Felts' rights were restored after a decade's worth of controversy about Jim Crow-era laws that banned felons from voting. The Florida Board of Executive Clemency returned basic civil rights to nonviolent offenders who have done their time and paid restitution.
More than half of the ex-offenders whose rights have been restored are registered as Democrats, about 4,500, according to a Times analysis. There are 1,700 registered as Republicans and 1,500 registered with no party affiliation.
But those involved in trying to alert ex-offenders to their new voting rights say thousands of people just don't know they can vote.
"The governor has done a great thing, but the question is how effective has this been," said state Sen. Tony Hill, D-Jacksonville, who has run seminars this summer on restoration of rights. "What are some of the barriers that we need to knock down to get people their rights back?"
The state has faced major problems notifying many ex-offenders of their new rights. Law enforcement and corrections agencies provided the Parole Commission with the most current addresses available for ex-offenders, but many had moved. Many restoration certificates have been returned to the commission as undeliverable.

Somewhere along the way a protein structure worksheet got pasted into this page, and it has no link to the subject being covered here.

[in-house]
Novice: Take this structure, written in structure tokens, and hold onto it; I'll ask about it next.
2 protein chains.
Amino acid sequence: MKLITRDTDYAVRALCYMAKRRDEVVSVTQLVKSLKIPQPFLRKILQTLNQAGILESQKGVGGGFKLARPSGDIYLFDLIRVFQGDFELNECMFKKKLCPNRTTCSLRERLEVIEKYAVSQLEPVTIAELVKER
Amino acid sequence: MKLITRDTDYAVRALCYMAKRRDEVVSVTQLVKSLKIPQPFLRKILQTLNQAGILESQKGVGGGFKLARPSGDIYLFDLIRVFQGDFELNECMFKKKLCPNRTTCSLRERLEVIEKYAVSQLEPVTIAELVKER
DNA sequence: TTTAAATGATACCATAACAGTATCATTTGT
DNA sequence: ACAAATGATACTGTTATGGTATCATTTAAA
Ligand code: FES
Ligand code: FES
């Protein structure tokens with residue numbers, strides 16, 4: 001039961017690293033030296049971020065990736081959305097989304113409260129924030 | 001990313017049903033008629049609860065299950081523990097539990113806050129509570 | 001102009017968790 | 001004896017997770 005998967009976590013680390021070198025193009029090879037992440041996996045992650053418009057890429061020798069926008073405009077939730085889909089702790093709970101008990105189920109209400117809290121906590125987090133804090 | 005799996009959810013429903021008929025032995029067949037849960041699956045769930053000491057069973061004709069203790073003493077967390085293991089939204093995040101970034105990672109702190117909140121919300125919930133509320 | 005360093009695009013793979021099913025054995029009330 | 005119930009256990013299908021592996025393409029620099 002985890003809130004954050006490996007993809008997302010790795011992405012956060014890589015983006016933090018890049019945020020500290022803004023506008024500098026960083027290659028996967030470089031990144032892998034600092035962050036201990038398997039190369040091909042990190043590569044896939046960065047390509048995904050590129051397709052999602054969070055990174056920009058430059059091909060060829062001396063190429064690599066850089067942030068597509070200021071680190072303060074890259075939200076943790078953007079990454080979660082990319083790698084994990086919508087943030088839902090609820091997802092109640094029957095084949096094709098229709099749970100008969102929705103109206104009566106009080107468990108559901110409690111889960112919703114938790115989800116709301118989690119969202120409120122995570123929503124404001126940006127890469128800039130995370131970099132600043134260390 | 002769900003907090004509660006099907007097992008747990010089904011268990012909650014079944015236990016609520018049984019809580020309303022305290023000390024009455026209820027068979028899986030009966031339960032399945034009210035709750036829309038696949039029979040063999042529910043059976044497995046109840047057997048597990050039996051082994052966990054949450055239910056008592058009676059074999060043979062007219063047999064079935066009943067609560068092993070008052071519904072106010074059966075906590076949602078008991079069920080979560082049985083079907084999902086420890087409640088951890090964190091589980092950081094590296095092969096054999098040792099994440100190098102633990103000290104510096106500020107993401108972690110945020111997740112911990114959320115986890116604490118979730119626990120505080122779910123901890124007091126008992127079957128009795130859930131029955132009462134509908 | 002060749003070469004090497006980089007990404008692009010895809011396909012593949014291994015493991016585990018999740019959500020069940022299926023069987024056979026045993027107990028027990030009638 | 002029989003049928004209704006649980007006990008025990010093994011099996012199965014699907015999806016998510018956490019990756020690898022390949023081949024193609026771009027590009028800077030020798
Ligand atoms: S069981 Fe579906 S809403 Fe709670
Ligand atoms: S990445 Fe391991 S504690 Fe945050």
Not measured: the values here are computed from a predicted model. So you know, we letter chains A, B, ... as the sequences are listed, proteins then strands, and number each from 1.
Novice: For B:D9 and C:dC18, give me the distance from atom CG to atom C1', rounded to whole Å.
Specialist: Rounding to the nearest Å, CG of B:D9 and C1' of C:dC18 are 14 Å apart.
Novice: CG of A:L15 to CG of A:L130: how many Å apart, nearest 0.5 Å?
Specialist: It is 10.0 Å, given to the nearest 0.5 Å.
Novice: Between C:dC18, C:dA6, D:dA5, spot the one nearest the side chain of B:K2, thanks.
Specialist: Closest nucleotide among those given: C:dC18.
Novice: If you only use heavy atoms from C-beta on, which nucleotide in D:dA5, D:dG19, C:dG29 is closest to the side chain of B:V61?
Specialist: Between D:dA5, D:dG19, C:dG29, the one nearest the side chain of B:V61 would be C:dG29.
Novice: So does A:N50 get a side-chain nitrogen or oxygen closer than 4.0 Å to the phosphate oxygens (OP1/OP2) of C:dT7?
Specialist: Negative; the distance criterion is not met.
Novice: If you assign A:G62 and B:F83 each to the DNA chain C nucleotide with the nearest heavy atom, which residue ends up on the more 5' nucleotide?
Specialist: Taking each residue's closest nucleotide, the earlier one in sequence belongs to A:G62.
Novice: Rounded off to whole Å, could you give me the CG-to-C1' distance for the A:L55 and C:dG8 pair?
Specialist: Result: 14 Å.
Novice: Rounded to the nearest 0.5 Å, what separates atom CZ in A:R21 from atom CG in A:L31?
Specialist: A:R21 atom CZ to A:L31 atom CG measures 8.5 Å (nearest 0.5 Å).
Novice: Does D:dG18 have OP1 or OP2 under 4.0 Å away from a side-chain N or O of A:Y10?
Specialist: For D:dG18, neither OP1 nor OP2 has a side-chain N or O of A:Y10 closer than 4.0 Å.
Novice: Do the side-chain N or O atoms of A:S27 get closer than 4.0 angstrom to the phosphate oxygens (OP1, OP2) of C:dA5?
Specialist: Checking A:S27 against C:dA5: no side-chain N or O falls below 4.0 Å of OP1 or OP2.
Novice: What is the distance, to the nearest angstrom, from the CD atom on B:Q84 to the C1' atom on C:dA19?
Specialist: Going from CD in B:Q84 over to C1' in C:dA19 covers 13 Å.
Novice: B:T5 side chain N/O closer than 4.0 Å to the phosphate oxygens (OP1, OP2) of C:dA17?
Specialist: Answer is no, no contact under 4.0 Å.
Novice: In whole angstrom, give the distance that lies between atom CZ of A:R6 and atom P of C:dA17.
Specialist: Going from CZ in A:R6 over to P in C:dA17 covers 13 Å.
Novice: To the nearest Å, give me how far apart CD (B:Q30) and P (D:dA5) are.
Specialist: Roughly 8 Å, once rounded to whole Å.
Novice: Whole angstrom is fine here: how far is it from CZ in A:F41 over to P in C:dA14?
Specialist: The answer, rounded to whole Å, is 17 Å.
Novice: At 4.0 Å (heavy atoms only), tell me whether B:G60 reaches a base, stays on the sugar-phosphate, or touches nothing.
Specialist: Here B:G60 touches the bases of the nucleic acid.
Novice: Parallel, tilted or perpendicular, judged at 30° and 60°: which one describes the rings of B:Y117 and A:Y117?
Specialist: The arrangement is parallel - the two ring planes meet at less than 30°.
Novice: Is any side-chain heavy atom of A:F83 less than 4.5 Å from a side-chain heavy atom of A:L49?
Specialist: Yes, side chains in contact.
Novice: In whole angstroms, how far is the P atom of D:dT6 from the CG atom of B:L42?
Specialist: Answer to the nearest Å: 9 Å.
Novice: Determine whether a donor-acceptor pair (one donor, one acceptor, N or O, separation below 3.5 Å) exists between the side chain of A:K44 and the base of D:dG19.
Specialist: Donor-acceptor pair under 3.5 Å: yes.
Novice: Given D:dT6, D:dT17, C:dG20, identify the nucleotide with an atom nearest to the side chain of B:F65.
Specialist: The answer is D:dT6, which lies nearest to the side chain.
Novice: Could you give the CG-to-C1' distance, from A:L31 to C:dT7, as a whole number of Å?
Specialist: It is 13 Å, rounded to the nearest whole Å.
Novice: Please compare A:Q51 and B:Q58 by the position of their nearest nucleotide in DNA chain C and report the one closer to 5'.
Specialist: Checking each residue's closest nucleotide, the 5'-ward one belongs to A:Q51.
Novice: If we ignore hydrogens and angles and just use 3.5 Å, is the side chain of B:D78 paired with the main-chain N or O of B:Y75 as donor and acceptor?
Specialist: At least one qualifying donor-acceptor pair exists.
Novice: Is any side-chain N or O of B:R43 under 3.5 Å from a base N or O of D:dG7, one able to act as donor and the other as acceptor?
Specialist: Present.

The state compared the list of eligible former felons to a Social Security database to purge those who had died. Nonetheless, the Times found at least six dead felons who had recently earned automatic restoration of rights.
Positions are cut
Also, the Parole Commission has a man-power problem. While its workload increased with the recent civil rights changes, budget cuts eliminated 24 positions, said commission spokeswoman Jane Tillman. The Legislature slashed the commission's funding by $2-million, or 20 percent this year, far more than any other criminal justice agency.
Last year, the agency received $50,000 to run seminars for outreach to teach ex-offenders about restoration of rights, but staffers also volunteered free time on weekends because the money didn't go far enough, Tillman said.